Some conditionals

I haven’t written in a while, I know. It’s been a wild couple of weeks, unimaginably so—and they started the day after I posted my last entry, though unfortunately for the nosy, this is not a diary.

What I want to talk about with you today are faith and science.

I’ve read a few pieces by the prolific Boris Groys over the past few weeks, enough to be fairly convinced the man is a polymath. What a polymath is may be too difficult to explain in an entry of this length, but if you can picture that guy or that girl you know who is abnormally gifted at everything, wildly, possibly ingeniously intelligent, and overflowing with mana, you may be thinking of a polymath. For my philosophers and BIC friends, Nietzsche called them übermenschen, though his conceptualization held them to be sociopathic and they aren’t always. I’ll probably talk about this again later, at some point, but maybe not today.

Why is that relevant? Well, I’ve noticed human beings like to classify. If someone is wildly intelligent et al, there should be a good reason for it. The implications of the urge to classify are deeper than expected, enough that it makes us want to rationalize things outside the domain of science. That’s already well known, but why should it be possible to reconcile faith and science? They’re fundamentally different: we know science as the rational, faith as the emotional.

But oh, how very, very farther they do go in their differences.

Like all good writers should, I’ll start with what I know. My field is political sociology; I like to talk about power structures in human relationships more than any normal human being should. I get excited about talking about power structures. It’s strange, but so relevant: tomorrow is Election Day in the United States, the Constitutionally-mandated first Tuesday in November. The discoursal climax regarding which candidate will instigate more freedom in this country following his election probably passed in early October, but their messages remain: vote Romney for economic freedom! Or, How could you vote for someone who would deny my gay friends the right to get married next month? This is supposed to be the land of the free—for everyone! — Obama is enslaving our pocketbooks! Emancipation for all! — Romney is all about tax breaks for the wealthy—he doesn’t care about the rest of us! Vote freedom for the middle class!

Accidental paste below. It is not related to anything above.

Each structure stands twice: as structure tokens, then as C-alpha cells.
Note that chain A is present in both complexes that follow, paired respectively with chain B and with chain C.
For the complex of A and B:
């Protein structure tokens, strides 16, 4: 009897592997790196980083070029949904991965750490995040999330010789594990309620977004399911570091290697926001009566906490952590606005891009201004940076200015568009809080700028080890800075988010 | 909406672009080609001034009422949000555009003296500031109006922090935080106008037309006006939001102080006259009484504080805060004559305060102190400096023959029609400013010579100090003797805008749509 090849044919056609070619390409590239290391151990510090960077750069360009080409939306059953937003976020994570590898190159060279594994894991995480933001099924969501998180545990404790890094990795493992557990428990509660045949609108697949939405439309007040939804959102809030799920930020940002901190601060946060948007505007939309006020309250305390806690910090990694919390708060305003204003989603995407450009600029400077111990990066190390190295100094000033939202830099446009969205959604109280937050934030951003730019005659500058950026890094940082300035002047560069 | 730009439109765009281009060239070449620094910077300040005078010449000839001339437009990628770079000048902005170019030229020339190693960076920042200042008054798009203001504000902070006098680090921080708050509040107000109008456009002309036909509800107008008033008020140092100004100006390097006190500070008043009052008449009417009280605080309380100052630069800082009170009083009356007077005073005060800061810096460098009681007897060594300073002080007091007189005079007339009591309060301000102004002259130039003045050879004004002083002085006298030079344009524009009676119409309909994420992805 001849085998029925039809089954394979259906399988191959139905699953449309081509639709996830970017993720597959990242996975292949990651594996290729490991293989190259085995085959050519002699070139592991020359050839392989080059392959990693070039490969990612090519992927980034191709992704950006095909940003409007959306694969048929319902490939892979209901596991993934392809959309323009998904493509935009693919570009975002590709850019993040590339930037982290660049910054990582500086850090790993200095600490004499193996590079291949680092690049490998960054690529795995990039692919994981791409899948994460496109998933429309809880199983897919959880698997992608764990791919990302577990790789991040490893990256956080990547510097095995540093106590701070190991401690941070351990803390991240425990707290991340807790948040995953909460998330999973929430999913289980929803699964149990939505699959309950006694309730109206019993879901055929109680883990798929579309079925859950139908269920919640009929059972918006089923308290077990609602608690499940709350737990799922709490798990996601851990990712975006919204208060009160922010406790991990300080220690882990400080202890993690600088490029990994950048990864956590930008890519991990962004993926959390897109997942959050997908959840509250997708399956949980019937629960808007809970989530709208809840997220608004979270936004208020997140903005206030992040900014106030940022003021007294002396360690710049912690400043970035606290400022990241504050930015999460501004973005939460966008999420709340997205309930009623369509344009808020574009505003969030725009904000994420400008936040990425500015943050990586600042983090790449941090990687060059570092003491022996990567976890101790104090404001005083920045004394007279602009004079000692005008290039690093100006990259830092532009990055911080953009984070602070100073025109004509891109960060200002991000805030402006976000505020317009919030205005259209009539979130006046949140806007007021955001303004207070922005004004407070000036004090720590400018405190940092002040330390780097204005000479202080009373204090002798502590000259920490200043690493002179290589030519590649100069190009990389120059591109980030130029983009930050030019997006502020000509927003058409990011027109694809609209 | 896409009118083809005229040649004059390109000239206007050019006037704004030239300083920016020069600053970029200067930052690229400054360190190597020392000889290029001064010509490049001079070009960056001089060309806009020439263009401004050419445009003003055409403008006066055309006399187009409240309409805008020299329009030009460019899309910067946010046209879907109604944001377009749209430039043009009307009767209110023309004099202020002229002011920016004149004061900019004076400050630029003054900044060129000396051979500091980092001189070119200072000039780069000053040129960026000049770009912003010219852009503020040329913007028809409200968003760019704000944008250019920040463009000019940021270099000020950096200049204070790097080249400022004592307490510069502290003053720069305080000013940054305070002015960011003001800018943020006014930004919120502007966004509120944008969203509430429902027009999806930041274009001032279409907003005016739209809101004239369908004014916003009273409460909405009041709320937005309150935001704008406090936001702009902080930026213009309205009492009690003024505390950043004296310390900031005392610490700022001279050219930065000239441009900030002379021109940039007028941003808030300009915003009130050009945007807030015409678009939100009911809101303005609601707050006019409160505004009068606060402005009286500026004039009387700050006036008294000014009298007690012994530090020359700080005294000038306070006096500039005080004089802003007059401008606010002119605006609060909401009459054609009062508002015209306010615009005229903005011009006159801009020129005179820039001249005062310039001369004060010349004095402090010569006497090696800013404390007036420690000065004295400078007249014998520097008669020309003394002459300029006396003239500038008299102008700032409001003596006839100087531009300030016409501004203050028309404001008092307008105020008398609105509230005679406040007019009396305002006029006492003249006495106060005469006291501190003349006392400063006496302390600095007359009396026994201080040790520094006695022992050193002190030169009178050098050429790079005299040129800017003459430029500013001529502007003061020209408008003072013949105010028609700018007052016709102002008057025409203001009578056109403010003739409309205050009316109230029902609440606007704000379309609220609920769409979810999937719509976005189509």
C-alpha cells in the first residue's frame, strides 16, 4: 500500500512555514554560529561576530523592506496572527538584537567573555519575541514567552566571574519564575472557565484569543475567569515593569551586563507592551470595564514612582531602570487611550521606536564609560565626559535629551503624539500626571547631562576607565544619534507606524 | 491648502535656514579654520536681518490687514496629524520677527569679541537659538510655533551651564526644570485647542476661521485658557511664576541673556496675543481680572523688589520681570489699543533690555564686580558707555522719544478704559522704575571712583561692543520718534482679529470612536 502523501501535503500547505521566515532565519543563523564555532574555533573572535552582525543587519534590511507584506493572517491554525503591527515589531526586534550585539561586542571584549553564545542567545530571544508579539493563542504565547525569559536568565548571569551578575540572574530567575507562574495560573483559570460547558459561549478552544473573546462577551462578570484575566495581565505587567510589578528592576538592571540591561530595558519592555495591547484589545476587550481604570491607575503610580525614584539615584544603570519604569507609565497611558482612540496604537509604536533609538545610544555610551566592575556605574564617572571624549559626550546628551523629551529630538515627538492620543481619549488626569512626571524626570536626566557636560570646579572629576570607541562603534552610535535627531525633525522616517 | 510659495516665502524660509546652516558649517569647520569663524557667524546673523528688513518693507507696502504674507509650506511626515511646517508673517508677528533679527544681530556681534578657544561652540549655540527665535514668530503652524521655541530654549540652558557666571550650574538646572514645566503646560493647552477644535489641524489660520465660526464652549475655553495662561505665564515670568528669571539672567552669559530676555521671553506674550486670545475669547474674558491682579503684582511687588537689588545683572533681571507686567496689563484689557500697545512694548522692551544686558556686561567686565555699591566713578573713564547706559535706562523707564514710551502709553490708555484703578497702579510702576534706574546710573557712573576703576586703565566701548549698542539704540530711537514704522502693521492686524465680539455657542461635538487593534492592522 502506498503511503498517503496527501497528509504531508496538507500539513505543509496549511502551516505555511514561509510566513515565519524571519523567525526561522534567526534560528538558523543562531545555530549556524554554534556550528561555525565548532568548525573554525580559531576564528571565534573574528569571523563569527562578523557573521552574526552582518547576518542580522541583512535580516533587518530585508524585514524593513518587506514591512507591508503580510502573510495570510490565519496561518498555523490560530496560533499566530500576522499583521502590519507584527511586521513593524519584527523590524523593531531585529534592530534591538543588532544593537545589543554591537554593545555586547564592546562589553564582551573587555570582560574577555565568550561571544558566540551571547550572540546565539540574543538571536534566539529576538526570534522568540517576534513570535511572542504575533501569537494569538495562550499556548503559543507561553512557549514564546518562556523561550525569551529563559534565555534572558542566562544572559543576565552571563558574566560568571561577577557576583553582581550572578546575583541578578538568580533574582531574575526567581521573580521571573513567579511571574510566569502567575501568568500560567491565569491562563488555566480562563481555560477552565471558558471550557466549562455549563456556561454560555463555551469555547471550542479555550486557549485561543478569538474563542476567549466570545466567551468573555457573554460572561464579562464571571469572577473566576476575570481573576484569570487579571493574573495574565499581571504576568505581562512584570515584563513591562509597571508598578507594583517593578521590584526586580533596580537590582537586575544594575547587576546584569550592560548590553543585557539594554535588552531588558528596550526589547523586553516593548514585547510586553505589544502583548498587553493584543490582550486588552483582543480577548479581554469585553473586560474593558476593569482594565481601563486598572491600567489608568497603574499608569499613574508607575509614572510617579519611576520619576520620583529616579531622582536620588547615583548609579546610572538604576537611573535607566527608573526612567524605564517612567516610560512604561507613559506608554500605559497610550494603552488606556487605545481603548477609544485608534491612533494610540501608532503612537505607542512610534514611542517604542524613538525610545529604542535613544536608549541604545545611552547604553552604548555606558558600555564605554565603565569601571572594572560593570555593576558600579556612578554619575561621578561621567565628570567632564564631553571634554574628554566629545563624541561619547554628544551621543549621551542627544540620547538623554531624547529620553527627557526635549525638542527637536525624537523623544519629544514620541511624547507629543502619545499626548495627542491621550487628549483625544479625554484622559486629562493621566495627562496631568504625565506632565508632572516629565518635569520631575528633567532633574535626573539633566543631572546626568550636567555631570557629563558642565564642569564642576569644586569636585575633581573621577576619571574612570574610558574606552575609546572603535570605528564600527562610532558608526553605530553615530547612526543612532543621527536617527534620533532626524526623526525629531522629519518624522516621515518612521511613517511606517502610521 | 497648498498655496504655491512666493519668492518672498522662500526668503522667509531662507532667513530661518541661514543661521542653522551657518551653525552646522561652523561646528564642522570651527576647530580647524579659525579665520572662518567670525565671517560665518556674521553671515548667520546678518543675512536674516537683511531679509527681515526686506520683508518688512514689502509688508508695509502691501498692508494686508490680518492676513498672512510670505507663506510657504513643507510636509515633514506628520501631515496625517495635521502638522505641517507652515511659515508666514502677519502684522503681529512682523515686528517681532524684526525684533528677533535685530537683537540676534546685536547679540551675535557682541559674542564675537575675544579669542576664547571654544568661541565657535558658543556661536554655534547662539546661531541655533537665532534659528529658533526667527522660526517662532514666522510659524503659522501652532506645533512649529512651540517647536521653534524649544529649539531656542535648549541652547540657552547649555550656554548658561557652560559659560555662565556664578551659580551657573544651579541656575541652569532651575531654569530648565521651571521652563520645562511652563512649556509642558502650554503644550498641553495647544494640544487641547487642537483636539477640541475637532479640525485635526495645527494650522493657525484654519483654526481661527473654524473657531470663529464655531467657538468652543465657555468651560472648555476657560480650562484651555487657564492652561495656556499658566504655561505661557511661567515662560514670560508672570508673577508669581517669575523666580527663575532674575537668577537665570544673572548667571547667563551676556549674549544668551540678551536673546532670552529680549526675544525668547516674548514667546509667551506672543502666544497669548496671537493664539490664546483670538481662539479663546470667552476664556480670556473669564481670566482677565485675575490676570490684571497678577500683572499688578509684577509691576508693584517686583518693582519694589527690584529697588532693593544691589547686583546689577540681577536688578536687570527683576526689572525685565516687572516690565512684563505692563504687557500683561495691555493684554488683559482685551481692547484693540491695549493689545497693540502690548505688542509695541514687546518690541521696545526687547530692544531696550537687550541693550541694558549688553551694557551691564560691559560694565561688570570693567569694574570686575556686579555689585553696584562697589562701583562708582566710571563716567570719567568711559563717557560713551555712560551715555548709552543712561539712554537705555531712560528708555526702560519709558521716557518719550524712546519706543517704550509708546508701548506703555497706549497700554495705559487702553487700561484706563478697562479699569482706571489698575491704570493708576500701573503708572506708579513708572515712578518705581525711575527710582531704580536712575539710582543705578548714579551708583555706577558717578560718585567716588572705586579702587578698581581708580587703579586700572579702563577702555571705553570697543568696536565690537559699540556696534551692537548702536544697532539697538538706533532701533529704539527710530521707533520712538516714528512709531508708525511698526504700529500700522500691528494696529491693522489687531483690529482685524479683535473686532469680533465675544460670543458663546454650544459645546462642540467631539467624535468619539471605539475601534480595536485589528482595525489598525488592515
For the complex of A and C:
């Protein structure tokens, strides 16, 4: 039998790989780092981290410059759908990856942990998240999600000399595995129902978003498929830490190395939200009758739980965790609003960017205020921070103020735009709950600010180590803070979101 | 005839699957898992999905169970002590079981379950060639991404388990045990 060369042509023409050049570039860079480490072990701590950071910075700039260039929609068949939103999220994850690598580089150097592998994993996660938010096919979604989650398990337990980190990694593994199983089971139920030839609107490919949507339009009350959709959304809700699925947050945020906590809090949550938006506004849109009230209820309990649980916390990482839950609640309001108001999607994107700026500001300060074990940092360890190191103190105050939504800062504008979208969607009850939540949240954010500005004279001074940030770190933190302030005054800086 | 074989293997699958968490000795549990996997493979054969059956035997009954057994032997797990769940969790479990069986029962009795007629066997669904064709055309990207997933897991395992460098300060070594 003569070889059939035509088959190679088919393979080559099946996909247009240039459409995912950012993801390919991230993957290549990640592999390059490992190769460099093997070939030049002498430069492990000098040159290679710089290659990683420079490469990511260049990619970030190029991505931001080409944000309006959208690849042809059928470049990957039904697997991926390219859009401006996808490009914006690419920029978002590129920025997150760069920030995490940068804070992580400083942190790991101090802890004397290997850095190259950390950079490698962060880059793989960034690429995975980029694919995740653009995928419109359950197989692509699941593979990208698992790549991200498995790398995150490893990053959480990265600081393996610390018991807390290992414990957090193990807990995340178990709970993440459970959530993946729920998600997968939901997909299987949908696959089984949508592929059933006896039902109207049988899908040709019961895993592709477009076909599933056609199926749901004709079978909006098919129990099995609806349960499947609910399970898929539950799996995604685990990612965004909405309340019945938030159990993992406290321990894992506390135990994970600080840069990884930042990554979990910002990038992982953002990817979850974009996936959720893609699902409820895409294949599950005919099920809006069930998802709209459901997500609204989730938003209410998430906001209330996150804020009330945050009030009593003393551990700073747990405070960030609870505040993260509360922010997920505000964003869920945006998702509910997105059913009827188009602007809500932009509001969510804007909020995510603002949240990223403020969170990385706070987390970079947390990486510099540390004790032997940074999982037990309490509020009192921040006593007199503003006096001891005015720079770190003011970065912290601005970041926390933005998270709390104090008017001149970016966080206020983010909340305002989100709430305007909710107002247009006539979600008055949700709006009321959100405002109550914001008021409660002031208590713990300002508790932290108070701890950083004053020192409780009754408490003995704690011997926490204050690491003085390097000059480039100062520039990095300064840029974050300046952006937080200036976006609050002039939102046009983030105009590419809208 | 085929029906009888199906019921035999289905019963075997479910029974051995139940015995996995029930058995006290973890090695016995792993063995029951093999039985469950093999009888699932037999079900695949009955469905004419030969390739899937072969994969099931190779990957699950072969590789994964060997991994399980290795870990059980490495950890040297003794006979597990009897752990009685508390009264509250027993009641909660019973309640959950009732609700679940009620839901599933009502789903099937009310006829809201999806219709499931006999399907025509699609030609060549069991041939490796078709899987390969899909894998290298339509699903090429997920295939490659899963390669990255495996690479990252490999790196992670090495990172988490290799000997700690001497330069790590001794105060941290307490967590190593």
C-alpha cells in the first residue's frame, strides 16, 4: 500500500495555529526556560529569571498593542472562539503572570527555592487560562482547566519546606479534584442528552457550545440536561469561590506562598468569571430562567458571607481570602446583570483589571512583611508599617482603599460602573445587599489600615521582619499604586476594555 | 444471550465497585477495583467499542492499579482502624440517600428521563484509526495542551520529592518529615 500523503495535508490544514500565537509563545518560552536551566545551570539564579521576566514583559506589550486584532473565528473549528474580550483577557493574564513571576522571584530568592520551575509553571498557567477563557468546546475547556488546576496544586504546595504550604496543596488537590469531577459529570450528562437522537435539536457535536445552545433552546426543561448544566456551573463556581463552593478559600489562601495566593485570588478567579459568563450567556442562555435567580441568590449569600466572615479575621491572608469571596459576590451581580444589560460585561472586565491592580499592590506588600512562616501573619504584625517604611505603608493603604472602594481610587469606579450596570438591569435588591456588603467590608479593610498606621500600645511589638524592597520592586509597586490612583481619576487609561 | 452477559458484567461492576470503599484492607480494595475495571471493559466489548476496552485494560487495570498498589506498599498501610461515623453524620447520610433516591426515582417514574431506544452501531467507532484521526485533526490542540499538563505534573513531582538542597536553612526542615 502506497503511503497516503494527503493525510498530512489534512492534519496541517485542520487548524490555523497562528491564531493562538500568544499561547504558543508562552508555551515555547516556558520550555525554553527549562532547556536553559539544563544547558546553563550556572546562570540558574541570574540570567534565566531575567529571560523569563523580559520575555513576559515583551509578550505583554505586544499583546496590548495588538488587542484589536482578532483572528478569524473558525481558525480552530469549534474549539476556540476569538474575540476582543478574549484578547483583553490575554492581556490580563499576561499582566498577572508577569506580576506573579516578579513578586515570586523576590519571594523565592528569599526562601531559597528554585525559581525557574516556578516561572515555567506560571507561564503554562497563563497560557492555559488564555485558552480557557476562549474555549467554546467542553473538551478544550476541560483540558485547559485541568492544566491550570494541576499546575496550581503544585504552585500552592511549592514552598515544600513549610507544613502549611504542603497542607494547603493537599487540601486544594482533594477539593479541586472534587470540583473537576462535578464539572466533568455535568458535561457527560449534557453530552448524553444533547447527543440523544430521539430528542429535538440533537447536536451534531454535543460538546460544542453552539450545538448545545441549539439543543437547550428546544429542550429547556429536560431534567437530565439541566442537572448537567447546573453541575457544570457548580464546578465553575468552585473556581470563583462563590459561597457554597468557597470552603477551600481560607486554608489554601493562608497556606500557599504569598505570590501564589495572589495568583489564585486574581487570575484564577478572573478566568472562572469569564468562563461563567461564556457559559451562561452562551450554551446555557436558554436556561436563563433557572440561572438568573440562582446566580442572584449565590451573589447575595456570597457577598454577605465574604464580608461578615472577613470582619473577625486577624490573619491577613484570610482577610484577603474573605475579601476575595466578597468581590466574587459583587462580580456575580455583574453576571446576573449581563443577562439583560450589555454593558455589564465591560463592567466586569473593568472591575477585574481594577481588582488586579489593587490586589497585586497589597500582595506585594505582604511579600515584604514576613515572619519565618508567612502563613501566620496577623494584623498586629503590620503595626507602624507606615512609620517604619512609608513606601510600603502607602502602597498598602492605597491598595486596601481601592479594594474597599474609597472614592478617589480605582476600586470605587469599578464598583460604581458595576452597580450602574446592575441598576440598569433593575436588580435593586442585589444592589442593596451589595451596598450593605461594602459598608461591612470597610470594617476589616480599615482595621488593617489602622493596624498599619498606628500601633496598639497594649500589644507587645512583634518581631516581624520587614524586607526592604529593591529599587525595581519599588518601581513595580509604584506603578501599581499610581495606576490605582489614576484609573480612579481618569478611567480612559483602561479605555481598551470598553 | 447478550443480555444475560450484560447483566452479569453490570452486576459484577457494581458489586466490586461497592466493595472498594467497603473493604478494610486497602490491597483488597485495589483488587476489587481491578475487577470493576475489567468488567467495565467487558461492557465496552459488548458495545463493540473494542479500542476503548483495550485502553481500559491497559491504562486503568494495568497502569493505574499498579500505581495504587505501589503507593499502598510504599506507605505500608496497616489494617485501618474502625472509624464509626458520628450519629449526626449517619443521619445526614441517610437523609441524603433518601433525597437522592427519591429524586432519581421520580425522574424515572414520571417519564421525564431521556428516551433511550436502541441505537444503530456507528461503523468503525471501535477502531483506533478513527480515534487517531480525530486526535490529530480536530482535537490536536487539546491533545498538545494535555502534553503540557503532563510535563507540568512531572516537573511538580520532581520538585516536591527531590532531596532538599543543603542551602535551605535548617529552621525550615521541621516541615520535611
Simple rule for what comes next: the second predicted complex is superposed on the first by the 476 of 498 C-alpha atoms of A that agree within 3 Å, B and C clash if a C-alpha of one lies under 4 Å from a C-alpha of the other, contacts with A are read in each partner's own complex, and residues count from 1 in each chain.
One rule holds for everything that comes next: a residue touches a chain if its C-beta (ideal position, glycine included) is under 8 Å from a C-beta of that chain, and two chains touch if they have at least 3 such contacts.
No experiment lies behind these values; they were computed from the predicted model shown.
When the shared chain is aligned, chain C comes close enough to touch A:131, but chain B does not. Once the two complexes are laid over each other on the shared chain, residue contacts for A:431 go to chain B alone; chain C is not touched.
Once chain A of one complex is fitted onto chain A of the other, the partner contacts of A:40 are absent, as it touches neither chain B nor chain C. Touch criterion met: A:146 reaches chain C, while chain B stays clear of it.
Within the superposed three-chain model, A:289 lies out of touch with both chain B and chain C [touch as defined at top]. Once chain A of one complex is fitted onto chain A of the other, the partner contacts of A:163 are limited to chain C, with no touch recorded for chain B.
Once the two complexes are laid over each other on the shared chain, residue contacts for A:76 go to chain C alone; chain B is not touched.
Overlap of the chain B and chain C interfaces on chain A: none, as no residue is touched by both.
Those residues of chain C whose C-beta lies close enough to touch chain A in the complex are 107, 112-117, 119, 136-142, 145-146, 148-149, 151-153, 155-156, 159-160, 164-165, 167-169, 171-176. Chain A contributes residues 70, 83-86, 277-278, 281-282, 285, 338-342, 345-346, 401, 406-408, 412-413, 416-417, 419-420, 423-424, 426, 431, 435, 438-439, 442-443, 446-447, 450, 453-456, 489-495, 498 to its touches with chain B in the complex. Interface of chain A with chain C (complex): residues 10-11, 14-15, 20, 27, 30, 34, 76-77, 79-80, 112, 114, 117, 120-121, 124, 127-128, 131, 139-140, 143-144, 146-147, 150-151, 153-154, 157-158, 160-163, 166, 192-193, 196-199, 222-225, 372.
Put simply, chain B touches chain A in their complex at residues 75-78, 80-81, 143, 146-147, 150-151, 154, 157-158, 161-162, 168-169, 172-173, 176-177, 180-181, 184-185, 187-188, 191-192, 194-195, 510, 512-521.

I’ve paraphrased all of those arguments from actual statuses my Facebook friends have posted during election season. Every single one of them is true—partially. Every single one of them is missing the bigger picture, of course, but that’s neither here nor there.

Count the number of times the word “freedom” appears and maybe you’ll see what I’m getting at. While we don’t  (and may never) agree on what freedom actually is across political beliefs in this country, we do agree, at least, that freedom is what we want. We all agree on Freedom. How Western is that, good grief.

Freedom is so ambiguous, though. Freedom is what keeps a state religion out of public discourse and prayer out of public schools at the same time; in the name of avoiding imposition of a concept everyone may not agree on, we deny religious freedom to everyone. At least it’s equal treatment, but is it free? If we all believed in freedom as much as we say we do, we’d all be anarchists, so clearly there is another concept at work.